We are at one of those historic pivot points where the future seems particularly dangerous and unpredictable. The past year has seen an increased awareness of the crises of our time: systemic racism, economic inequality, the climate crisis, and of course the pandemic. It’s not clear which is most serious or whether the pandemic brought the other three into focus, but those may not be the correct questions.
Progressives and liberals have a long history of trying to pick the one most movable or most critical object as though all of the rest of the pieces would fall into place if we get that piece right. From Hegel to Marx to modern progressive movements that analysis has kept us in a state of churn where small gains are easily overcome by backlash instigated by the powerful.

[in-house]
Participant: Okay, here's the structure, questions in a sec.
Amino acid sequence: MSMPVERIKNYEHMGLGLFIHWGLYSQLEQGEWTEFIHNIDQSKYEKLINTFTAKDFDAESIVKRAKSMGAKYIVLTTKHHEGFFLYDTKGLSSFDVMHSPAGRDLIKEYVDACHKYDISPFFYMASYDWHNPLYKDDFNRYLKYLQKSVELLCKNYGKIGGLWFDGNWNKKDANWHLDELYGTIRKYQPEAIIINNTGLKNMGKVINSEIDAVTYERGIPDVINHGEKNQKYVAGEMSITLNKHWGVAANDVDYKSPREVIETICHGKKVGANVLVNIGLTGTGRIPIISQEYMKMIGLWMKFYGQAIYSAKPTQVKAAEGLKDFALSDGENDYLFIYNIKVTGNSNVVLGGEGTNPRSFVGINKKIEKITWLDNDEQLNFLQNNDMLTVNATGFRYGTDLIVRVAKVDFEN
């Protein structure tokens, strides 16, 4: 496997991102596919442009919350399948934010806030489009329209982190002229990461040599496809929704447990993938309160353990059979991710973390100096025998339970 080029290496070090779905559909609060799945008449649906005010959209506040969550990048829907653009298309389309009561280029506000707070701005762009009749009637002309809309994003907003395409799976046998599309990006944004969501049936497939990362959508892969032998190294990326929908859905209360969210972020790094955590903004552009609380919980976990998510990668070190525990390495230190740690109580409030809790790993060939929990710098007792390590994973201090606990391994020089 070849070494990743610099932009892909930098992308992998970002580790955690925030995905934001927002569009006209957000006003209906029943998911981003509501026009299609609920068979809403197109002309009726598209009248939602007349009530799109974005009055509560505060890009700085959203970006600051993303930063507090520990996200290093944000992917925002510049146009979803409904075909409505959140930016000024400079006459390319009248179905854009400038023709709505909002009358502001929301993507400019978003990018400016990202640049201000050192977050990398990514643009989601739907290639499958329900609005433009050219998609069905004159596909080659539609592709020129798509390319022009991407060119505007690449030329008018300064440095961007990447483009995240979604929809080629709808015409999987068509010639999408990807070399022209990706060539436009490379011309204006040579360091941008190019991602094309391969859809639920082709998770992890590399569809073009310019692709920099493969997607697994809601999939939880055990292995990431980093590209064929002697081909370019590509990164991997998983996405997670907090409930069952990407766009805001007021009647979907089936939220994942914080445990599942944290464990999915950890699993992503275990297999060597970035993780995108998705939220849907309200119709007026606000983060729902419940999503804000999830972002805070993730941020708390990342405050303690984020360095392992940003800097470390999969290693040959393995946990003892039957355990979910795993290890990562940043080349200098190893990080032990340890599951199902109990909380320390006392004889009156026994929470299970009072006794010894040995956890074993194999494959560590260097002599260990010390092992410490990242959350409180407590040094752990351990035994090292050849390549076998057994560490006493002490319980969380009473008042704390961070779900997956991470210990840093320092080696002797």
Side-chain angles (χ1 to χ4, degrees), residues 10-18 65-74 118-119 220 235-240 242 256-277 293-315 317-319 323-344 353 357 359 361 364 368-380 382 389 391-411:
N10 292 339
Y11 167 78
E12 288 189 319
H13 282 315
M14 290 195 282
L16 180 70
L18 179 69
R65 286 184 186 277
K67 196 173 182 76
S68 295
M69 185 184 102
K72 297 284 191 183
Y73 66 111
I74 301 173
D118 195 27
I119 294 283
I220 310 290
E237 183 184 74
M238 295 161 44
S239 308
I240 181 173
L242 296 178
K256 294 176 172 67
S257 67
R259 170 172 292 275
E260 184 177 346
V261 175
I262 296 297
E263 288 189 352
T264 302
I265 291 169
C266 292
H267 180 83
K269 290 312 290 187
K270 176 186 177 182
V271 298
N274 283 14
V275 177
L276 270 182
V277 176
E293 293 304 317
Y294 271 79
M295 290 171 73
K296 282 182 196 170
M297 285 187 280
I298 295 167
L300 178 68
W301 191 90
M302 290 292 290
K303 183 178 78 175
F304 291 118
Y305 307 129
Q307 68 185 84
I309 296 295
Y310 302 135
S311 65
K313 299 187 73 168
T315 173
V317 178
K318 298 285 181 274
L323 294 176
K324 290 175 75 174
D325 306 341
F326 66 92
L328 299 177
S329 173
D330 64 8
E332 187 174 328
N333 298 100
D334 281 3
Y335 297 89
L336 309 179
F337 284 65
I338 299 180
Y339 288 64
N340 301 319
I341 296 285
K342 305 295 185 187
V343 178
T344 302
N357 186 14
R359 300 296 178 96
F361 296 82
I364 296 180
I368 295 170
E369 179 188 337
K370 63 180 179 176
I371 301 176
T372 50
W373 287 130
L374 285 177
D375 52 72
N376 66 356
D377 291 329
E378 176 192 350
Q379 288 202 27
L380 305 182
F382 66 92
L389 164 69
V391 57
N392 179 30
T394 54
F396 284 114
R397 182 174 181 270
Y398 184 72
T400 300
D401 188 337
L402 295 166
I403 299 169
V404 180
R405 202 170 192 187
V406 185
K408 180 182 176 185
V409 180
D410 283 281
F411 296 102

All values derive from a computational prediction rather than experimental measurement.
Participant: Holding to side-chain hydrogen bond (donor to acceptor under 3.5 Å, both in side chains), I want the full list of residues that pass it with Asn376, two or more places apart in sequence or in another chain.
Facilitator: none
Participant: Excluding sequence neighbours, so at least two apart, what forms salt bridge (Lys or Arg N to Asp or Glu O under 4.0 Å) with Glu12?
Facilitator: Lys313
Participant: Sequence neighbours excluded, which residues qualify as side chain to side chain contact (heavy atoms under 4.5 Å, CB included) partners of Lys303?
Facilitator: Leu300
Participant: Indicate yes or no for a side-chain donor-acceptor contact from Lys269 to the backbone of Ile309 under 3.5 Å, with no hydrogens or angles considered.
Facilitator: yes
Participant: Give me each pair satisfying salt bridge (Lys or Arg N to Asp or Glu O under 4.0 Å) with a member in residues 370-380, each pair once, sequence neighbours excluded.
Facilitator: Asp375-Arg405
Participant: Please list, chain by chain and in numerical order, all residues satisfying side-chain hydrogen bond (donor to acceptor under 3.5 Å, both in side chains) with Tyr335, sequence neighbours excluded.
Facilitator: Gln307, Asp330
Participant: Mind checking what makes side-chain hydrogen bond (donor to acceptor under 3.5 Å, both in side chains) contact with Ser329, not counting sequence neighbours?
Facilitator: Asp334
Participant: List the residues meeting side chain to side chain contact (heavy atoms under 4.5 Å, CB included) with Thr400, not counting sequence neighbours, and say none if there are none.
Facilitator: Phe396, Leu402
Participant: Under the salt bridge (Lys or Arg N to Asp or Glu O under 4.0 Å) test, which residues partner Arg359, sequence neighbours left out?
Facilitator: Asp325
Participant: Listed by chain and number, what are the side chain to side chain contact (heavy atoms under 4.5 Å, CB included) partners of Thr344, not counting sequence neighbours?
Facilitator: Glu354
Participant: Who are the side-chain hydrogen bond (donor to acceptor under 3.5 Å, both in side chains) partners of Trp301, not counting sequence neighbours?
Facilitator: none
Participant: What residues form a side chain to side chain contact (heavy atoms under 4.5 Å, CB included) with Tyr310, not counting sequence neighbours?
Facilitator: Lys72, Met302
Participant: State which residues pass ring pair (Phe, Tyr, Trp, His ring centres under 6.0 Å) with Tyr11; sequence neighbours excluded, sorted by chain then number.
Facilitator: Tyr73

In 1985 in Santa Fe New Mexico a group of physicists, biologists, computer, scientists, economists and others got together at the first Santa Fe Institute to develop a new interdisciplinary look at what have since been termed “wicked problems”. The science of complex adaptive systems had been used as an analytical tool for quite some time in the hard and natural sciences. Santa Fe was where one of the earliest attempts was made to use the same analysis in looking at economic, social, and cultural problems. This symposium is an attempt to bring a new analysis to questions of social and political justice. The science of complex adaptive systems gives us tools to understand how change happens and understanding change will give us the tools to direct and influence that change.